Pseudohypoxic brain swelling: a newly defined complication after uneventful brain surgery, probably related to suction drainage. Academic Article uri icon

Overview

abstract

  • OBJECTIVE: This is the first description of a severe and sometimes fatal complication after uneventful intracranial surgery. The clinical presentation and imaging features mimic those of global cerebral hypoxia. Extensive investigations were performed to discover the pathogenesis. METHODS: Seventeen cases of pseudohypoxic brain swelling (PHBS) were collected from our institution and from various other neurosurgical departments and were studied for common features. PHBS can occur in a mild, moderate, or severe degree. It is characterized by a very early postoperative onset of clinical deterioration (clouded or lost consciousness and pupillary abnormalities), in association with typical bilateral computed tomographic or magnetic resonance imaging changes (hypodensities or altered intensities in the basal ganglia and/or thalamus). The following variables were considered: age, primary pathological lesion and intracranial location, previous cranial surgery, anesthetic risk, type of anesthesia, approach and duration of surgery, intraoperative observations, technical monitoring results, and blood gas analyses. The results of postoperative computed tomography and various other imaging studies, intracranial pressure measurements, transcranial Doppler sonography, toxicological analyses, brain and muscle biopsies, and autopsies were also considered in the investigation. Several countermeasures were instituted and evaluated. RESULTS: Anoxemic and ischemic hypoxia was excluded as a cause of PHBS. No evidence was found for inhibition of the respiratory chain, mitochondriopathy, poisoning, or adverse effects of drugs. CONCLUSION: Indications of intracranial hypotension, induced by suction drainage, being the main pathomechanism of PHBS are discussed. A serious warning is issued regarding the use of suction drainage after intracranial surgery.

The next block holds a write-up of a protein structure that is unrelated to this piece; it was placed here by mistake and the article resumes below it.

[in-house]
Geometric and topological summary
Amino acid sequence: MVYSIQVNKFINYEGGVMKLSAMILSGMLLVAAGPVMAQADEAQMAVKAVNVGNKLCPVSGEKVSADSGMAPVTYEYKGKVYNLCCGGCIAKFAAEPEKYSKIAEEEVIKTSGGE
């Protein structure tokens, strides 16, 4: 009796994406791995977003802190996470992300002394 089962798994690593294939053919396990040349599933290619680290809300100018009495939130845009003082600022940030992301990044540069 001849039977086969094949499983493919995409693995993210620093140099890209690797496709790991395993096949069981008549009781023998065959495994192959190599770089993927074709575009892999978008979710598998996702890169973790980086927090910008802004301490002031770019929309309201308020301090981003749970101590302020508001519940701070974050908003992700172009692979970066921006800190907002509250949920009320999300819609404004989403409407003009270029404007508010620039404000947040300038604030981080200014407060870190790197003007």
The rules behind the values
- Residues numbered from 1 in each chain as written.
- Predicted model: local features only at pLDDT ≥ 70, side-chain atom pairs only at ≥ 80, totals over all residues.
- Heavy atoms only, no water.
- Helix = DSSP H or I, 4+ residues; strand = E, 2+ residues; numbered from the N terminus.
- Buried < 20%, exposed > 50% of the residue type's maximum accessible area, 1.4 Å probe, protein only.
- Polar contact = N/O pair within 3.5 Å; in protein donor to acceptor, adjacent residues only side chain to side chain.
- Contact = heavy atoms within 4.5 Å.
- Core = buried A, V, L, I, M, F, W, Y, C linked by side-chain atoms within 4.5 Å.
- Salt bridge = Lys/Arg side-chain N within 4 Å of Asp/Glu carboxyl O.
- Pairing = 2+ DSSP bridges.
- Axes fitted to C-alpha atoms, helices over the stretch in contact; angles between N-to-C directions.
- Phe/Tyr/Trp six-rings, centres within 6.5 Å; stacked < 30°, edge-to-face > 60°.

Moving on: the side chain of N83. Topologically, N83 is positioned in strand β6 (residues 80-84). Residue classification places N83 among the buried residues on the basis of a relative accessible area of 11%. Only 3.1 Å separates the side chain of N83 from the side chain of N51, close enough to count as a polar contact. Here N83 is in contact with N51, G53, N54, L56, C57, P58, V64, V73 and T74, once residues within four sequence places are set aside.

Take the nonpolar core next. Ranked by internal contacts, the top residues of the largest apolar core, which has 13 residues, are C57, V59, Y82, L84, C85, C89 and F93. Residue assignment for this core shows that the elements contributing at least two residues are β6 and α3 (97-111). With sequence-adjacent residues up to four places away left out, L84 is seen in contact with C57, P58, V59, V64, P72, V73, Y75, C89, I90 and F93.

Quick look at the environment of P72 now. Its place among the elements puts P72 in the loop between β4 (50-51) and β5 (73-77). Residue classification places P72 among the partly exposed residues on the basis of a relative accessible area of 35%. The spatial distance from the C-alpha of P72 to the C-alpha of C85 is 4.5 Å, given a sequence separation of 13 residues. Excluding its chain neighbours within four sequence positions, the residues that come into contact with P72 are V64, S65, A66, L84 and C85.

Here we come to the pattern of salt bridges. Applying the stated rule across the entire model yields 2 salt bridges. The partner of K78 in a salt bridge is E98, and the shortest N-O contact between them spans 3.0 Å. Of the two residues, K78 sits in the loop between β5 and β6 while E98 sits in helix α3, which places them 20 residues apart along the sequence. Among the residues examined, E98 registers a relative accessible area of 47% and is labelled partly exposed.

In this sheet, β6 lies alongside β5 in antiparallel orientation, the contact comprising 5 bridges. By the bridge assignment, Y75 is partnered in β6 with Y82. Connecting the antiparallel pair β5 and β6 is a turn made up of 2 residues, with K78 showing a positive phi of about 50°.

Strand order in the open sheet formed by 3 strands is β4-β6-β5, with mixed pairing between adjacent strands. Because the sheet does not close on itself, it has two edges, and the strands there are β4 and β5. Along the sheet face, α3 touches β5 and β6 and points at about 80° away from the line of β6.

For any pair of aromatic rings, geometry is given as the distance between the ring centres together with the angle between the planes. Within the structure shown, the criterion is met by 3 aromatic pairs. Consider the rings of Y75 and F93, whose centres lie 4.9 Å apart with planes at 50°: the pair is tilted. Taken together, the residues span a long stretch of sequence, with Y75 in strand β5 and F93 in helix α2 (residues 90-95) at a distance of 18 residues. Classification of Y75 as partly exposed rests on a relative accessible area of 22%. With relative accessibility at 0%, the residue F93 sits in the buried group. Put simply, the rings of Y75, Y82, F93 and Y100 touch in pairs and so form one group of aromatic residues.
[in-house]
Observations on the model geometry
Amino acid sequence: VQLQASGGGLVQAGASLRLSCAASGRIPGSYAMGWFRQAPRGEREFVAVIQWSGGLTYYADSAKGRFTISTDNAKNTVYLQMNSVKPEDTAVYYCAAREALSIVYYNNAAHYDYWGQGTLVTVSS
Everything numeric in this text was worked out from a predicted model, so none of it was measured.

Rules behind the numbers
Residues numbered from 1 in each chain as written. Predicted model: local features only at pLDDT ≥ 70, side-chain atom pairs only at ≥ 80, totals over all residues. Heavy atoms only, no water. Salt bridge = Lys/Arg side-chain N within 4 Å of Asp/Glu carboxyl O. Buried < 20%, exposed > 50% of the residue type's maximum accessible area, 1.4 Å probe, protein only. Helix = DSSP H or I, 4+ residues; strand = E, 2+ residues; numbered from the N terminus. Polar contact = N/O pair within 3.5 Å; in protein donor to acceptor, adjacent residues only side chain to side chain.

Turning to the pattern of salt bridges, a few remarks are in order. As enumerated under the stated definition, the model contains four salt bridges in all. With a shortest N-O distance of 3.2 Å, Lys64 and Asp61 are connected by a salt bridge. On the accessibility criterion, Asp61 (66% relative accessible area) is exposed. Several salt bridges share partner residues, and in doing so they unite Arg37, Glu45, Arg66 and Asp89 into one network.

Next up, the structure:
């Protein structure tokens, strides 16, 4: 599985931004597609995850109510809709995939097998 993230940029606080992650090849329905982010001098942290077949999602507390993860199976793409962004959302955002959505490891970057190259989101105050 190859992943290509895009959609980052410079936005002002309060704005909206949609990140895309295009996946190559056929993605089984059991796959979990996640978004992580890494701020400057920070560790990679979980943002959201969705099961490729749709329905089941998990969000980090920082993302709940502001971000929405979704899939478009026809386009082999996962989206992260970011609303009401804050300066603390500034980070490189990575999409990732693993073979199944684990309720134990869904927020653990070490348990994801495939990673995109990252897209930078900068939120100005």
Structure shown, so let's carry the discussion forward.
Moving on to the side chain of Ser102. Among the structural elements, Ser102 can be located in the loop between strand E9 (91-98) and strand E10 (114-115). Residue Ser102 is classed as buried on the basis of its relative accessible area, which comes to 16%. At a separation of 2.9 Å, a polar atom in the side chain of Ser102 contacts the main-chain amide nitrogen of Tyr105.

publication date

  • December 1, 2003

Research

keywords

  • Brain Edema
  • Hypoxia, Brain
  • Neurosurgical Procedures
  • Suction

Identity

Scopus Document Identifier

  • 10744227315

PubMed ID

  • 14633298

Additional Document Info

volume

  • 53

issue

  • 6